- Whiplash from motor vehicle accidents is a common cause of neck pain.
- Diagnosis is determined by medical history and physical examination, and rarely requires expensive or uncomfortable tests.
- Most improve by taking over-the-counter medication and remaining active.
- Most individuals are better in 1–2 weeks; more than 90% have no more pain after 8 weeks.
Neck pain can signal overuse problems, most commonly with the structures of the cervical spine (neck). Only in rare instances is neck pain a sign of a systemic illness. Although the pain may be severe, the good news is that most people with neck pain improve within 1–2 weeks, and the vast majority is over their episodes in 8–12 weeks.
Pain can be localized to the cervical spine or may travel down an arm (radiculopathy). All age groups are at risk of developing neck pain. People who sit in one location staring at computer screens for long periods of time may be at an increased risk. About 30% of the population has an episode of neck pain each year. Neck pain may occur slightly more frequently in women than men.
What Causes Neck Pain?
The common mechanical disorders that cause neck pain are the following:
- Muscle strains - related to prolonged physical activity such as sitting at computer or sleeping in an awkward position.
- Osteoarthritis resulting from the narrowing of the intervertebral discs (cartilage between bone) of the spine. Bones grow spurs (growths of bone) in response to the increasing pressure placed on them. The bony growths can cause pain in the neck or arm related to nerve compression.
- Herniated intervertebral discs cause arm pain more frequently than neck pain. The pinching of a nerve in the neck causes severe arm pain.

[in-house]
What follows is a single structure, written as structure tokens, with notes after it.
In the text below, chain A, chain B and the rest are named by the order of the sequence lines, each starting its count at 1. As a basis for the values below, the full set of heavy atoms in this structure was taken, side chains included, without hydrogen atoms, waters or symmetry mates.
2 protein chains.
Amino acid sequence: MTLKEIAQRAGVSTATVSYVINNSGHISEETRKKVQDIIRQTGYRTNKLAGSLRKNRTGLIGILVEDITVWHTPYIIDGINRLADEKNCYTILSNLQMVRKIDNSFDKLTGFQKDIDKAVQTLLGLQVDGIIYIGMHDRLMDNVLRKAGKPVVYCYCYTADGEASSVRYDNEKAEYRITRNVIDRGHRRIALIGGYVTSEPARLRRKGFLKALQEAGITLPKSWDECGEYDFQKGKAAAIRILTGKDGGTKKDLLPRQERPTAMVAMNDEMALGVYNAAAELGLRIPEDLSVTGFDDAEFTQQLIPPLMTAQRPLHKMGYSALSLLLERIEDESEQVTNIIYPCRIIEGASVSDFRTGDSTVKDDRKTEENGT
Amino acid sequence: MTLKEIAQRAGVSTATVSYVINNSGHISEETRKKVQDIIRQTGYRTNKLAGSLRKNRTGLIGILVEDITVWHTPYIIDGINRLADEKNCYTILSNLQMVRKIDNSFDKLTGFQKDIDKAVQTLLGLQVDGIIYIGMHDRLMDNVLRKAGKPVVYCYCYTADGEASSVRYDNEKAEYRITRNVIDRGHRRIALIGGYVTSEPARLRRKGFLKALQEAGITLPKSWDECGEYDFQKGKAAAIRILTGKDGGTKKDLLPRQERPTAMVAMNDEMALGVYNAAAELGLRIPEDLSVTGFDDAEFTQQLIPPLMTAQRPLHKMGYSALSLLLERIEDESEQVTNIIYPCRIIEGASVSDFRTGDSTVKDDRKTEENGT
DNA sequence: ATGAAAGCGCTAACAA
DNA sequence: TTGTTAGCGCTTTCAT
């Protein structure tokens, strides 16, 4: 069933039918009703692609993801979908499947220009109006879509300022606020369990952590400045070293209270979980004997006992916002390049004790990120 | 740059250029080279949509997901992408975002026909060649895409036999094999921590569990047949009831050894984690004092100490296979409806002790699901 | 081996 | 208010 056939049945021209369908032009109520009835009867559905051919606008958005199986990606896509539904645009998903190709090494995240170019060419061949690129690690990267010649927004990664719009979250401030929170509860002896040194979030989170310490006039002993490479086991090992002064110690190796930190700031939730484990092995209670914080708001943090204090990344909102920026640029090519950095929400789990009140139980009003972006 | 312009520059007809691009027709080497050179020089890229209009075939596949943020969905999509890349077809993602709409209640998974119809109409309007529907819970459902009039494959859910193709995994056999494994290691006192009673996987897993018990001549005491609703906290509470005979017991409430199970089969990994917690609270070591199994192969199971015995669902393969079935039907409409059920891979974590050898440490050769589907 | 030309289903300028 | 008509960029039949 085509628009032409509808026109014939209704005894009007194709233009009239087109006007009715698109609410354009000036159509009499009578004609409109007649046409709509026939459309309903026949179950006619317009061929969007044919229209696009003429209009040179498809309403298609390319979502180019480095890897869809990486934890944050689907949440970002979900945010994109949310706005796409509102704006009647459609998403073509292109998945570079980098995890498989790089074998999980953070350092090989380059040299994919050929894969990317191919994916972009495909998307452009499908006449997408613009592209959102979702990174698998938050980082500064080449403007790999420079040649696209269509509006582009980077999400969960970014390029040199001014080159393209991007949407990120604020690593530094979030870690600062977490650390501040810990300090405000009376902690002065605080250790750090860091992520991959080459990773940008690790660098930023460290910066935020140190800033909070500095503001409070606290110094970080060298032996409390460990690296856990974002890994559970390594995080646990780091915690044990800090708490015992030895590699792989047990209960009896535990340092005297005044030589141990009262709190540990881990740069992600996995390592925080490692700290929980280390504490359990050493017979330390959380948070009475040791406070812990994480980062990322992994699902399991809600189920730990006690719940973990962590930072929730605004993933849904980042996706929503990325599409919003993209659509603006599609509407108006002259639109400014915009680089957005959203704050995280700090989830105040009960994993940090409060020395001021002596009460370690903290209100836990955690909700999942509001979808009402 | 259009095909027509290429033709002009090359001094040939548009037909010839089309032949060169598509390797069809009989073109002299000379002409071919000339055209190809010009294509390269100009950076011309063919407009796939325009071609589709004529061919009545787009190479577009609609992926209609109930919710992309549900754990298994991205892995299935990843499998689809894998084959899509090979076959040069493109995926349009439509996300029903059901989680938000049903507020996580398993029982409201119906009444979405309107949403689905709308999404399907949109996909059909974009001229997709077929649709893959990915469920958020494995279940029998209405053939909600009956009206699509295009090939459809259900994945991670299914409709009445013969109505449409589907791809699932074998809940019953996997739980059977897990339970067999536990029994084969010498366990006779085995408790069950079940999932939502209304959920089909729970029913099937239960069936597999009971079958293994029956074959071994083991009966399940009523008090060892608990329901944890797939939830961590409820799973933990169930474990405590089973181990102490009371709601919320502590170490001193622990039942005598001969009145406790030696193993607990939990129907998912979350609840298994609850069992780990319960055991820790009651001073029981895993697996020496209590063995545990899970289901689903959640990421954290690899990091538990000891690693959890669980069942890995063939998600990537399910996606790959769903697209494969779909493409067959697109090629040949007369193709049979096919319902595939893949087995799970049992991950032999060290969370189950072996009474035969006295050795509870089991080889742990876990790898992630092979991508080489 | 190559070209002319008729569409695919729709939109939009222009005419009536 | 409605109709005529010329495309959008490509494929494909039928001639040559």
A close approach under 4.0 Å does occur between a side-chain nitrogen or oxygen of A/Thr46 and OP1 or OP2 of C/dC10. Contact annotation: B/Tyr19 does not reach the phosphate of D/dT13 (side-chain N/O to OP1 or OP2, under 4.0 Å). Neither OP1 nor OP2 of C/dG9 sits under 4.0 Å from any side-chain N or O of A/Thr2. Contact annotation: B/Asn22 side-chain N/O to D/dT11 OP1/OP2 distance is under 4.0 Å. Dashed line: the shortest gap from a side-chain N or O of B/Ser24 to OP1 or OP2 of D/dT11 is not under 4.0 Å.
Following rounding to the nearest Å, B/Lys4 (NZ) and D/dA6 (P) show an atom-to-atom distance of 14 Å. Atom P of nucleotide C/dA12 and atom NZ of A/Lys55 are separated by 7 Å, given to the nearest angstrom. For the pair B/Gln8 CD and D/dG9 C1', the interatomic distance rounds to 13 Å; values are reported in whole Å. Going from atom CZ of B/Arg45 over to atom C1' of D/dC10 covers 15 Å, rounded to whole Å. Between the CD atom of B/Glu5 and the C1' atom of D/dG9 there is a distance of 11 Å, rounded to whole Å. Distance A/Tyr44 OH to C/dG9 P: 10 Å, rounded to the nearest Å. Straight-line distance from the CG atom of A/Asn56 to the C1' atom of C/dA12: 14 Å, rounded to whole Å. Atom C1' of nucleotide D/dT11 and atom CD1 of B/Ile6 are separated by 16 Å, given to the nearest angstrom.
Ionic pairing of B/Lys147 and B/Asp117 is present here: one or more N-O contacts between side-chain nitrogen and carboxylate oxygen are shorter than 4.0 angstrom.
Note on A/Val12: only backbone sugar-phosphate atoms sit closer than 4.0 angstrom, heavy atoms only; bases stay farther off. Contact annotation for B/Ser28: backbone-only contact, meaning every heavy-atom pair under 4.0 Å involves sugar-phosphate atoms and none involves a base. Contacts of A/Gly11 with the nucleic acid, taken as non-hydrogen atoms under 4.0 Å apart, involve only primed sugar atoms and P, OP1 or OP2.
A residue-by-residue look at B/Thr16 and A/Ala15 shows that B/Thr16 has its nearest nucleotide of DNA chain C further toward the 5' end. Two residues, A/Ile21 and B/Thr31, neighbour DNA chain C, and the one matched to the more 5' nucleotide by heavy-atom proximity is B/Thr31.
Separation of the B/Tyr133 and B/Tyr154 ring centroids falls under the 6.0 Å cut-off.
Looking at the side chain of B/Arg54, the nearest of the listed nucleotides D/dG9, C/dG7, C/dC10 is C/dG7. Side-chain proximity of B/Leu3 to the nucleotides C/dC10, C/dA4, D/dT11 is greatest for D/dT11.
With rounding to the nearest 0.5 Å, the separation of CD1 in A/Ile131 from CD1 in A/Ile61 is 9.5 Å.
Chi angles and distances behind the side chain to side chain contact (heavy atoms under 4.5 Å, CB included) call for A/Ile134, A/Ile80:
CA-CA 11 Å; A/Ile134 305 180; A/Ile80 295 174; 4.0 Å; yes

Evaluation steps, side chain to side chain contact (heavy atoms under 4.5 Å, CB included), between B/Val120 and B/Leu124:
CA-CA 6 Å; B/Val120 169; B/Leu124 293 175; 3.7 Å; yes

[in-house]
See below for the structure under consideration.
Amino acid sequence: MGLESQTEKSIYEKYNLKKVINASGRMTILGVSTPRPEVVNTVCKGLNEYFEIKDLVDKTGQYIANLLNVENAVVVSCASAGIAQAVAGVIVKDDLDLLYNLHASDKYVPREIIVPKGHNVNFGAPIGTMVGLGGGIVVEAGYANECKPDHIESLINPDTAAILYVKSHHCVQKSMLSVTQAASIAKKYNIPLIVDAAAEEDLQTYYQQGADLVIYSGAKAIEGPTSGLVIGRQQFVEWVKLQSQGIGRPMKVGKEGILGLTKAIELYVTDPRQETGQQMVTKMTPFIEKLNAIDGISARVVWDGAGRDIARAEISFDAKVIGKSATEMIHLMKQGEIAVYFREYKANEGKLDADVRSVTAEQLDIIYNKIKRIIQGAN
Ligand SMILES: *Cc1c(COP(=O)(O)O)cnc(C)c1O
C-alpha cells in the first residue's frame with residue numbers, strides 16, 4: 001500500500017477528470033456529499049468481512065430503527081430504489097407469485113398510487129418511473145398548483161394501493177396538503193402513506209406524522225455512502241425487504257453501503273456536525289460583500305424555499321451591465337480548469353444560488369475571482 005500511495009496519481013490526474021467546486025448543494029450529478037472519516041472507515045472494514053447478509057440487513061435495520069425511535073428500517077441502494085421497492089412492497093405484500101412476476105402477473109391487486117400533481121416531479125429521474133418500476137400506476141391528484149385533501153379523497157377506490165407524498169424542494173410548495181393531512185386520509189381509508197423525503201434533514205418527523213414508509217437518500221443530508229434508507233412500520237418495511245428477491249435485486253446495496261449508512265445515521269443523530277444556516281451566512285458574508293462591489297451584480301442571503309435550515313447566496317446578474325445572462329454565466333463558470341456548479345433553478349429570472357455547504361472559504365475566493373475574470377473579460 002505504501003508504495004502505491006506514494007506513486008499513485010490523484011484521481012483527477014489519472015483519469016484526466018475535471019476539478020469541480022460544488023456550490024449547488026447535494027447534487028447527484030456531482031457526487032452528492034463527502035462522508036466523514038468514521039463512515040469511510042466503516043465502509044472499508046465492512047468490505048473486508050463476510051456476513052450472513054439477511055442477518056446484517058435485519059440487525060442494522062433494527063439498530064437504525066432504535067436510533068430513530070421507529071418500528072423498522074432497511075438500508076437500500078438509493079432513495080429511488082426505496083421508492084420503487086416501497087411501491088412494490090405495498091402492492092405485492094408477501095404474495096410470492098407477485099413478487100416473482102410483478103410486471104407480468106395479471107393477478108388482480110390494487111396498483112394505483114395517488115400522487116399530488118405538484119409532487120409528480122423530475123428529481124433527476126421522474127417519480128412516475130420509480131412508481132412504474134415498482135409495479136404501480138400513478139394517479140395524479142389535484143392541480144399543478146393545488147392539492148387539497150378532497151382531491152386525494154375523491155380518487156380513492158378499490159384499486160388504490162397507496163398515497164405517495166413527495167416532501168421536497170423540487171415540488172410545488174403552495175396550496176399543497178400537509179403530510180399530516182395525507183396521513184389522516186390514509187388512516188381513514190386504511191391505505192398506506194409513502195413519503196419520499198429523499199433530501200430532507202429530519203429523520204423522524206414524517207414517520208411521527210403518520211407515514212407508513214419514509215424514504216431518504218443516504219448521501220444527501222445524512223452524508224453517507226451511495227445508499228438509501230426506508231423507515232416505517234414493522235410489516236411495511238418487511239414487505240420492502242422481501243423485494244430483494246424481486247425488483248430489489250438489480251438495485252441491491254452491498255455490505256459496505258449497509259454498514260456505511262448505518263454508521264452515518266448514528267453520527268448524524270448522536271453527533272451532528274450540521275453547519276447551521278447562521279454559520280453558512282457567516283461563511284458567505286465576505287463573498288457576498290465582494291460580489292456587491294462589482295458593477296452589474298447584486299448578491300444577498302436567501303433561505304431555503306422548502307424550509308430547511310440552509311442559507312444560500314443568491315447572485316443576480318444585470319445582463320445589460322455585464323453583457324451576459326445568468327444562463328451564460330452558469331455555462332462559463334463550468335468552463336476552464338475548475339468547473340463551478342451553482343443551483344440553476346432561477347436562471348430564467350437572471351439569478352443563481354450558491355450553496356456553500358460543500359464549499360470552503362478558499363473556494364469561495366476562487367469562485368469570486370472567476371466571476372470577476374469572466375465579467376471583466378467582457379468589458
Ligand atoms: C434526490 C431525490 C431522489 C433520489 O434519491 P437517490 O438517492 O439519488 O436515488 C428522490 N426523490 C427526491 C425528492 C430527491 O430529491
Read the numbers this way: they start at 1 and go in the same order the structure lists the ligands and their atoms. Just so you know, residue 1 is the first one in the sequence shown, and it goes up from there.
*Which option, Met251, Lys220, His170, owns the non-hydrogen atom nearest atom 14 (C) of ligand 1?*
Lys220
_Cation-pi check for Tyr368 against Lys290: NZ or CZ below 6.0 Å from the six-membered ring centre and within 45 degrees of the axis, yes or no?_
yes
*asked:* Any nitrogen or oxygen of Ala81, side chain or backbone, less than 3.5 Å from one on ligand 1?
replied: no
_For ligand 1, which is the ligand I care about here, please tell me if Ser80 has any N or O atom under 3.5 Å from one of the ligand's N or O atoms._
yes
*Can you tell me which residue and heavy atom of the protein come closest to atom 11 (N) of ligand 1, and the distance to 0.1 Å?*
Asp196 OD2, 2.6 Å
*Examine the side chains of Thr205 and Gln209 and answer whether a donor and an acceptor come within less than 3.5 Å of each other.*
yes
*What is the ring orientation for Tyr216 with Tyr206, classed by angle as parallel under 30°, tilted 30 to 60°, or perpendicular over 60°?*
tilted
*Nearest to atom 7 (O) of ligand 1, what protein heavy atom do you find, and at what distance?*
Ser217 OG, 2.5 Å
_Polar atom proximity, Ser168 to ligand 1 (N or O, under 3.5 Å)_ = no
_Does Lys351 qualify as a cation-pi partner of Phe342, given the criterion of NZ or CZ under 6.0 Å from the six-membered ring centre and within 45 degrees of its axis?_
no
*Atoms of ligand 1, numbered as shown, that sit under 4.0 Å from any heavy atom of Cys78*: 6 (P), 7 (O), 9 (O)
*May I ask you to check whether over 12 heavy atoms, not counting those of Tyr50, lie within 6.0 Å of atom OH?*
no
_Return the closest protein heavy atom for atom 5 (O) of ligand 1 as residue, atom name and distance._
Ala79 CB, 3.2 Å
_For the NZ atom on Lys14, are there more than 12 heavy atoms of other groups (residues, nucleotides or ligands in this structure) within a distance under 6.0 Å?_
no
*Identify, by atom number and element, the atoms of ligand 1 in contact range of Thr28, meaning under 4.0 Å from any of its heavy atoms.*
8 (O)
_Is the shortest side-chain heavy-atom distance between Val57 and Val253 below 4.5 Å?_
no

- Spinal stenosis is narrowing of the spinal canal that causes compression of the spinal cord (cervical myelopathy). Sometimes it is associated with leg numbness, weakness, and loss of bladder or rectum control.
- Whiplash is a sudden and fast forward and backward injury to the soft tissues of the neck, most commonly caused by rear-impact car accidents. The pain and stiffness associated with these accidents generally develop 24–48 hours after the injury.
Diagnosing Neck Pain and Treating Neck Pain
A medical history and physical examination are the key parts of an evaluation. Individuals who do not respond to initial therapy may undergo plain X-rays, magnetic resonance imaging (MRI), or computerized tomography.
Maintaining motion is an important part of therapy for neck pain. The use of neck braces should be kept to a minimum. You may also consider seeing a physical therapist or occupational therapist. Ice applied to a painful area within the first 48 hours of the start of pain can help relieve pain as can heat, which relaxes the muscles. Over-the-counter pain relievers such as acetaminophen and nonsteroidal anti-inflammatory drugs (NSAIDs), frequently are enough to control episodes of neck pain. A small number of neck pain patients, particularly those with arm pain or signs of spinal cord compression, require cervical spine surgery.
Living with Neck Pain
The best way to live with neck pain is to try to prevent it. Take stretch breaks if at the computer for long. Smoking is a predisposing factor for neck pain. If you are overweight, try to increase your activity level and eat healthier to get into shape.
Updated April 2023 by Kanika Monga, MD, and reviewed by the American College of Rheumatology Communications and Marketing Committee.
This information is provided for general education only. Individuals should consult a qualified health care provider for professional medical advice, diagnosis and treatment of a medical or health condition.